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Science Investigations


Guest Sezbina
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Guest Sezbina

Our Science co-ordinator is coming into the Nursery next week to watch a Science investigation. Our learning objective is to observe changes in materials. Anybody got any good, tried and tested ideas? :o

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Just a few quick simple ideas - making jellies, ice lollies, baking biscuits, cakes and bread, cooking eggs, pasta, potatoes. Making clay and dough models - bake and notice changes. Mixing soap and water to make bubbles. Look at changes that can be reversed - melting ice, chocolate.

 

Sorry if these are all the obvious ones :o

 

Harricroft

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Melting ice would be my choice with all this cold weather.

 

In my reception class last year I filled the water tray with ice cubes and also some ballons that I have filled with water and then frozen... the conversations and the look of awe on the children's faces at being able to play with it and see what happens was delightful.

 

Clay is also an interesting one as if you add water it goes really wet and slimy and if it is left to drey it goes brittle.

 

have fun whatever you choose to do

 

Lorna

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Hi,

 

We're currently doing this topic in school (Changes in Materials) One really good idea the children loved was to put "ICE HANDS" in the water tray. Over the weekend i used a latex glove, filled it with water, added some food colouring and popped it in the freezer. Today when we used them i also filled latex gloves with water so they could compare before and after. Believe me it went down really well.

 

Hope it helps

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Hi Sezbina

We've also done the frozen glove one-in fact when our OFSTED inspectors came in one of them suggested it to us. The children loved it!

Linda

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Hmm. Not sure I approve of this one but Helen has scared the living daylights out of me by putting soft toys in the freezer after spraying them with water. The next morning she takes the frosted frozen bears, pandas etc into the nursery and asks the children what she should do with these poor old toys who have been left out all night. Suggestions have included cuddling, put some gloves and hats and coats on, use a hairdryer, etc.

 

This is all very well if you survive the shock of opening the freezer in the morning and spotting the frozen faces staring out at you...

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Hi,

I've just made dough with my class! Do you have access to a microwave?

we trouped to the staffroom and I'm sure that was more interesting than waiting for the microwave to ping but if you could move one to the classroom and have it at the children's level it could work well.

The cooked playdough can be made in the microwave, takes about 4 mins depending on quantity and power output but is alot easier than forever stirring in a saucepan!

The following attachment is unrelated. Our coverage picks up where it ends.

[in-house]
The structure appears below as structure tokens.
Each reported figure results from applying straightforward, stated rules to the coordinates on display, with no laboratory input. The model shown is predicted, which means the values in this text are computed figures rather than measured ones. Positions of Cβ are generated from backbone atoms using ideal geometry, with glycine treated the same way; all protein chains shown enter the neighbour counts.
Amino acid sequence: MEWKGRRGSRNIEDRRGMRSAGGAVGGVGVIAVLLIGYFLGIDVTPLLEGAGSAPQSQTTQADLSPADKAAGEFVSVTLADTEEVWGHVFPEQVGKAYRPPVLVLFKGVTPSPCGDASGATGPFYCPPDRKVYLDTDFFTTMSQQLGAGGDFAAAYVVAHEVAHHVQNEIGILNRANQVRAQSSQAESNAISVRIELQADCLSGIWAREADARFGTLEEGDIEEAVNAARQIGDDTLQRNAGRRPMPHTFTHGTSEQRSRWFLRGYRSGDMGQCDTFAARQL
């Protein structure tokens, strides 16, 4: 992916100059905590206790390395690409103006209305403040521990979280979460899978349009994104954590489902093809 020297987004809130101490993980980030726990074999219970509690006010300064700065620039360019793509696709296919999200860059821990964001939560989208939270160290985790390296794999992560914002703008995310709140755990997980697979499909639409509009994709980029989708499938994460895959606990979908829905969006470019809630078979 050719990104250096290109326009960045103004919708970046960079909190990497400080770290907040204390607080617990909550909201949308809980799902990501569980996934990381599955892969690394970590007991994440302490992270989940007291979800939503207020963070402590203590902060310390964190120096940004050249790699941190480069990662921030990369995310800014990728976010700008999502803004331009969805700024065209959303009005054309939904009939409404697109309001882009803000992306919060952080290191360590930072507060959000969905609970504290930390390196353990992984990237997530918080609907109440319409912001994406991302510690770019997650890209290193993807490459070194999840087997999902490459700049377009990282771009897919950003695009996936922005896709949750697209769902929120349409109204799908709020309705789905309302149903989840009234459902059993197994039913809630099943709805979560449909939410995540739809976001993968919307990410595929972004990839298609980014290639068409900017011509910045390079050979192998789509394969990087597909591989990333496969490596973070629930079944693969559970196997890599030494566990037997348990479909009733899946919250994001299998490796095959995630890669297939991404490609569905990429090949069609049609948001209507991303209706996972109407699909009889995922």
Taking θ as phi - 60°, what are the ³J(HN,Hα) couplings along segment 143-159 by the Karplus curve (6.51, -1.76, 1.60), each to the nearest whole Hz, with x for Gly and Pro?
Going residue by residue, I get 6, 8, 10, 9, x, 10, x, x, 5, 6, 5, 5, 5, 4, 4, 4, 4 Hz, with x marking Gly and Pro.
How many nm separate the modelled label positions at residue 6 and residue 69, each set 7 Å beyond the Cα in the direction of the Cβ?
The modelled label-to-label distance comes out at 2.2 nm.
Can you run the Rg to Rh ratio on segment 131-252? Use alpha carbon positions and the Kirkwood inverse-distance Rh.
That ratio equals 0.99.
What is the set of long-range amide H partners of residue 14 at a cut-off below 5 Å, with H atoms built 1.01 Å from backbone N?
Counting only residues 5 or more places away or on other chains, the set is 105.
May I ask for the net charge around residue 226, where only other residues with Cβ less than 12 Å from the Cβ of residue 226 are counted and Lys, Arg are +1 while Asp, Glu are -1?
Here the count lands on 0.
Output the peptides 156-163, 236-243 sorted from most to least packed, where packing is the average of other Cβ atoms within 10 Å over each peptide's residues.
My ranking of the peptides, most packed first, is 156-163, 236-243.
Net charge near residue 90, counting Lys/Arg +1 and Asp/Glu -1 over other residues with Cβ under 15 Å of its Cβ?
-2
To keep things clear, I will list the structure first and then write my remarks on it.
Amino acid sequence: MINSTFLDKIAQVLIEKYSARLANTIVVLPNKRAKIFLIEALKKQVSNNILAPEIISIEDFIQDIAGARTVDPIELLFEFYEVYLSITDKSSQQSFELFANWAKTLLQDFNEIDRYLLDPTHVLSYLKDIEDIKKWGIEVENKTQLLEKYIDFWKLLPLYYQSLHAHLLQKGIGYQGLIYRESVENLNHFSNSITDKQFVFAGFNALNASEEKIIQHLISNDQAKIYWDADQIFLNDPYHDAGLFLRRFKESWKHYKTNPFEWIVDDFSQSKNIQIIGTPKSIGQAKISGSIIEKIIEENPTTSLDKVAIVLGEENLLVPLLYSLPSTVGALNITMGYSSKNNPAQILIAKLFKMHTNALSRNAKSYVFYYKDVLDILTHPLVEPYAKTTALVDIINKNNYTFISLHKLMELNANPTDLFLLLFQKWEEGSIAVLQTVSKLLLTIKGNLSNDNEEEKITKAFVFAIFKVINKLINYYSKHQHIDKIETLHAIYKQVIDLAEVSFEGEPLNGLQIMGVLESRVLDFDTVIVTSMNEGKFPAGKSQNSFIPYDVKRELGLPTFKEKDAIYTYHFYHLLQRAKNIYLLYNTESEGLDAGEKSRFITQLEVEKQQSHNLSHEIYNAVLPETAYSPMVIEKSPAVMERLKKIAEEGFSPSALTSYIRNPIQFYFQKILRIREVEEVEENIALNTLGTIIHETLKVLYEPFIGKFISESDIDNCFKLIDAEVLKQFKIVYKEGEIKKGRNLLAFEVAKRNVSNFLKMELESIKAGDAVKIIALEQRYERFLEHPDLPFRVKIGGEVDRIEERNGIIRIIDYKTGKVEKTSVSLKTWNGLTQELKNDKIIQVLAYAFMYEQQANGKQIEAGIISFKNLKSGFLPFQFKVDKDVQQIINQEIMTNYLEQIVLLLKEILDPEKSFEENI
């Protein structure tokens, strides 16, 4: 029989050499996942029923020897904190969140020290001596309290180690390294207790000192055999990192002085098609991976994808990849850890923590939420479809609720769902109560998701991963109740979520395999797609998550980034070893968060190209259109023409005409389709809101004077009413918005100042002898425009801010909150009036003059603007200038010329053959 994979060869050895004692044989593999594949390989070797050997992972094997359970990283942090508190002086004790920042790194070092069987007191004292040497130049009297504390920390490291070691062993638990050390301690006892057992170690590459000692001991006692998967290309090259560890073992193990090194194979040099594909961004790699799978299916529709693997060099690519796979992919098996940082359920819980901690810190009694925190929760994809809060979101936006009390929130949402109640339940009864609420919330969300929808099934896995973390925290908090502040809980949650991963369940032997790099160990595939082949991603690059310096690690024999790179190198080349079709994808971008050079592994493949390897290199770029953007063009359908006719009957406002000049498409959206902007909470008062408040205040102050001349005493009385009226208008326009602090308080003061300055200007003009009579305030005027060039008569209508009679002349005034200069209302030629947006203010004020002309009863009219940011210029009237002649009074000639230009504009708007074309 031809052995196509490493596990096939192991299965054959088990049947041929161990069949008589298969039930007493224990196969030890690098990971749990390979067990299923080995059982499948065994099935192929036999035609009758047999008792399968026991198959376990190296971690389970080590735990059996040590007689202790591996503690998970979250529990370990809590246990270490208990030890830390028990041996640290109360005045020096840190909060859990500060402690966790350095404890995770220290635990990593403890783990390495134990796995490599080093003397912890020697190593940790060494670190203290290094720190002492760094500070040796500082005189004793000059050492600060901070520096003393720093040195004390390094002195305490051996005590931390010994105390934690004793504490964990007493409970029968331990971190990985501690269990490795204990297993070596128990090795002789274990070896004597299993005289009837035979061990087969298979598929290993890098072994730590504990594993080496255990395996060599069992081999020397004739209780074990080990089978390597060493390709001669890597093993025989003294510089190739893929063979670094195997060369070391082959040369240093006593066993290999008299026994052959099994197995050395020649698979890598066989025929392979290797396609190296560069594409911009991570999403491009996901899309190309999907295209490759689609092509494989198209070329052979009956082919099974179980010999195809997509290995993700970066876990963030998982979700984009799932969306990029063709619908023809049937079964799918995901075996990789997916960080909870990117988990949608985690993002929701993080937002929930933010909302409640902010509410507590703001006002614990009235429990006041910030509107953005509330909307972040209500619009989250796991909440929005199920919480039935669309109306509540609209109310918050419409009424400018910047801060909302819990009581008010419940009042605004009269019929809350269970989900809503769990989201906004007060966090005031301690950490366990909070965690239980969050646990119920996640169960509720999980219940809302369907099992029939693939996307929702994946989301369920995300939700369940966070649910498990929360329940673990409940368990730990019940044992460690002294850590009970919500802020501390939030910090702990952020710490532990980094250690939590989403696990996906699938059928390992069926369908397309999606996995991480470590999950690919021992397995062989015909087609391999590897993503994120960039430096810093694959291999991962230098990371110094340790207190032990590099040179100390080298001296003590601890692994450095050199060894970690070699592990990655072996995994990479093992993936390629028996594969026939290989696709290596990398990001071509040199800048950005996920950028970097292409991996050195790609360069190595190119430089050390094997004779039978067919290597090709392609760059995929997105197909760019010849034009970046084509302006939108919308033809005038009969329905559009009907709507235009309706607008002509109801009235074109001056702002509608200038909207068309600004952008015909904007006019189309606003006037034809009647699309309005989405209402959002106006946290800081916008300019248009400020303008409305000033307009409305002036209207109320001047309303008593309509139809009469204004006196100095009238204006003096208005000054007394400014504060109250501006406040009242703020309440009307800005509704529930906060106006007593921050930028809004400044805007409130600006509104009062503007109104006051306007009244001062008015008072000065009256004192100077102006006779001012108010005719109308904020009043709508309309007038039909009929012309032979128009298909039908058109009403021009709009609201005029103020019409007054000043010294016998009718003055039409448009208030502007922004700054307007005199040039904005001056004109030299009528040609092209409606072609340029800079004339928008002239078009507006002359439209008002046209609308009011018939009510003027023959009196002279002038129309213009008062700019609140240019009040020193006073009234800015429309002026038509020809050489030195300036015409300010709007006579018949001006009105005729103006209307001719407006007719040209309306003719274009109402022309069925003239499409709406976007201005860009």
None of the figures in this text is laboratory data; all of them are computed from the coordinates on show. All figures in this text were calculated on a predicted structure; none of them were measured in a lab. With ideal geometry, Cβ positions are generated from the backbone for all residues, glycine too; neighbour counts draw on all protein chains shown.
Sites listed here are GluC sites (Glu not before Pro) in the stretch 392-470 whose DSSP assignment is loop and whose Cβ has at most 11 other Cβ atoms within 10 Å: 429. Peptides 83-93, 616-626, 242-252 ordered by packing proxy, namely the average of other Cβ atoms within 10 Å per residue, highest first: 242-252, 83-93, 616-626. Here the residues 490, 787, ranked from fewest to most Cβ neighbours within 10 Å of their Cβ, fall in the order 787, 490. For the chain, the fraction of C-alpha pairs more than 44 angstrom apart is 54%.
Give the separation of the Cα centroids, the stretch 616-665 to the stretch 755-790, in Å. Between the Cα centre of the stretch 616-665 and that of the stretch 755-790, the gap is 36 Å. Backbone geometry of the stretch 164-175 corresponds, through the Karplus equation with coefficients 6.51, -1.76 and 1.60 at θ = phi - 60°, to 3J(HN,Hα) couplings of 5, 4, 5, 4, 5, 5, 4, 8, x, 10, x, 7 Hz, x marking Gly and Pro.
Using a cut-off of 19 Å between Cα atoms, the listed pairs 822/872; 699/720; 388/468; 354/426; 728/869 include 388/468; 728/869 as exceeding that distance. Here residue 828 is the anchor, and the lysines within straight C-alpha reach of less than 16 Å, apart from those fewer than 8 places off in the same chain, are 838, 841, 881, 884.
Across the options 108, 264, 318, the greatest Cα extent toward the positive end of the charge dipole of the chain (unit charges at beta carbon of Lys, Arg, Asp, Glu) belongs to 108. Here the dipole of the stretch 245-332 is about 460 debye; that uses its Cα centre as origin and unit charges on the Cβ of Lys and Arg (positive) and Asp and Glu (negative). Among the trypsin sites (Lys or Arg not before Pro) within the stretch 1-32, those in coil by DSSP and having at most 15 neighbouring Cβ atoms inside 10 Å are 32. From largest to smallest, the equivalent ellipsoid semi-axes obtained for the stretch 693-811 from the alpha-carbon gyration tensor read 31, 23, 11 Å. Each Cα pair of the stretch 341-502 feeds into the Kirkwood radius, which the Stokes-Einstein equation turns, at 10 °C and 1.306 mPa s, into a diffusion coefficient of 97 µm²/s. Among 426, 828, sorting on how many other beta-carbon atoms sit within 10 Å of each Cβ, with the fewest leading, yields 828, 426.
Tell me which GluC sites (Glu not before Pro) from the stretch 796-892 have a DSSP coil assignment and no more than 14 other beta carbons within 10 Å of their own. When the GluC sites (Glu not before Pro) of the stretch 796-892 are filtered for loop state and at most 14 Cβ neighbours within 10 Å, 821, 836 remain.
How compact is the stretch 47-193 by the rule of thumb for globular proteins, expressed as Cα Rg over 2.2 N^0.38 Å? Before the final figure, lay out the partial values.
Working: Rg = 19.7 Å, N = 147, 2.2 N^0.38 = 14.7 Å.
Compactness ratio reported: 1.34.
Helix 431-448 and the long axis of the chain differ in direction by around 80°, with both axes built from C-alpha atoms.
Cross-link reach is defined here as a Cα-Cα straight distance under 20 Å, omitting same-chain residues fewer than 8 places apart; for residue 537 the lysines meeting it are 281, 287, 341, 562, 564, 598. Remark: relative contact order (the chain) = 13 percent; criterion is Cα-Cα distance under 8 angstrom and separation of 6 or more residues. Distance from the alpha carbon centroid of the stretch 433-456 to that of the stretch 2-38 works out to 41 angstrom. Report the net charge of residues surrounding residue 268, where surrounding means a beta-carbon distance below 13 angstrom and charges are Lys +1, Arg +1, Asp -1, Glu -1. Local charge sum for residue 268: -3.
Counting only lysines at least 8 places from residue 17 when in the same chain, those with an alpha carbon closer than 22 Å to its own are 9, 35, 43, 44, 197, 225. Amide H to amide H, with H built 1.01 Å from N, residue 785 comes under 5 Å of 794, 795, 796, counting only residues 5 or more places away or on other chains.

I explored the ingrediants as we used them

ie tasted the salt, children thought it was sugar when they saw it!

felt the softness of the flour,

talked about cupfuls etc ( full/ empty).

 

I used a pyrex bowl so we could observe changes as we mixed the ingrediants and added the food colouring at the end so that children could observe the way the colour mixes through the mixture.

Then the cooking produced the dough form that the children are familiar with! I stir and check it every minute so you can see the changes and makes sure it does not cook around edges too fast.

Children can also feel the heat in the bowl after first minute but it can get VERY HOT so do be careful.

 

Then the children kneaded the dough with me which is also a different experience to cold dough.

 

Have fun, whatever you choose.

 

Susan

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  • 4 weeks later...
Guest Sezbina

Thanks for all the fantastic ideas. We froze polar bears and put coloured 'icebergs' in the water tray in the end. The children loved it. Thanks again. :)

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I recently had a go at the frozen teddy idea.

 

Although I neglected to spray water on it, so it was just very cold!

 

However, I left it outside first thing in the morning, and the children noticed it as they came in. One of them asked why he was outside, i expressed surprise and we brought him inside.

I asked the children how we could warm him up..use a heater..a hot water bottle..a dummy..a blanket.

We wrapped him in a blanket and sat him next to a heater and checked him regularly to see if he was getting warmer. The children were very concerned and kept going to him independent of any adult to see how he was and to wrap blanket around him again.

 

The children got an awful lot from this activity and it is one we shall certainly use again.

 

Thanks for the idea.

 

Catherine

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Another frozen idea is a toy - we used an animal - frozen in a cup. We then put the block of ice containing the frozen objects on the table during snack time and watched the ice melt and the animal emerge!

The children were interested in how the animal looked through the ice.

Chris <_<

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  • 2 weeks later...

ok so we have to do a wacky science activity during science week with a reception class... oh by the way i am stressed third year student who doesn't know class...at all!!!

has anyone out there tried to make glue?

thought it would be interesting, fun and a challenge?! (changing materails and all that!)

any recipes, tips, ideas? :o ?

Xx Lizzie

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  • 2 weeks later...
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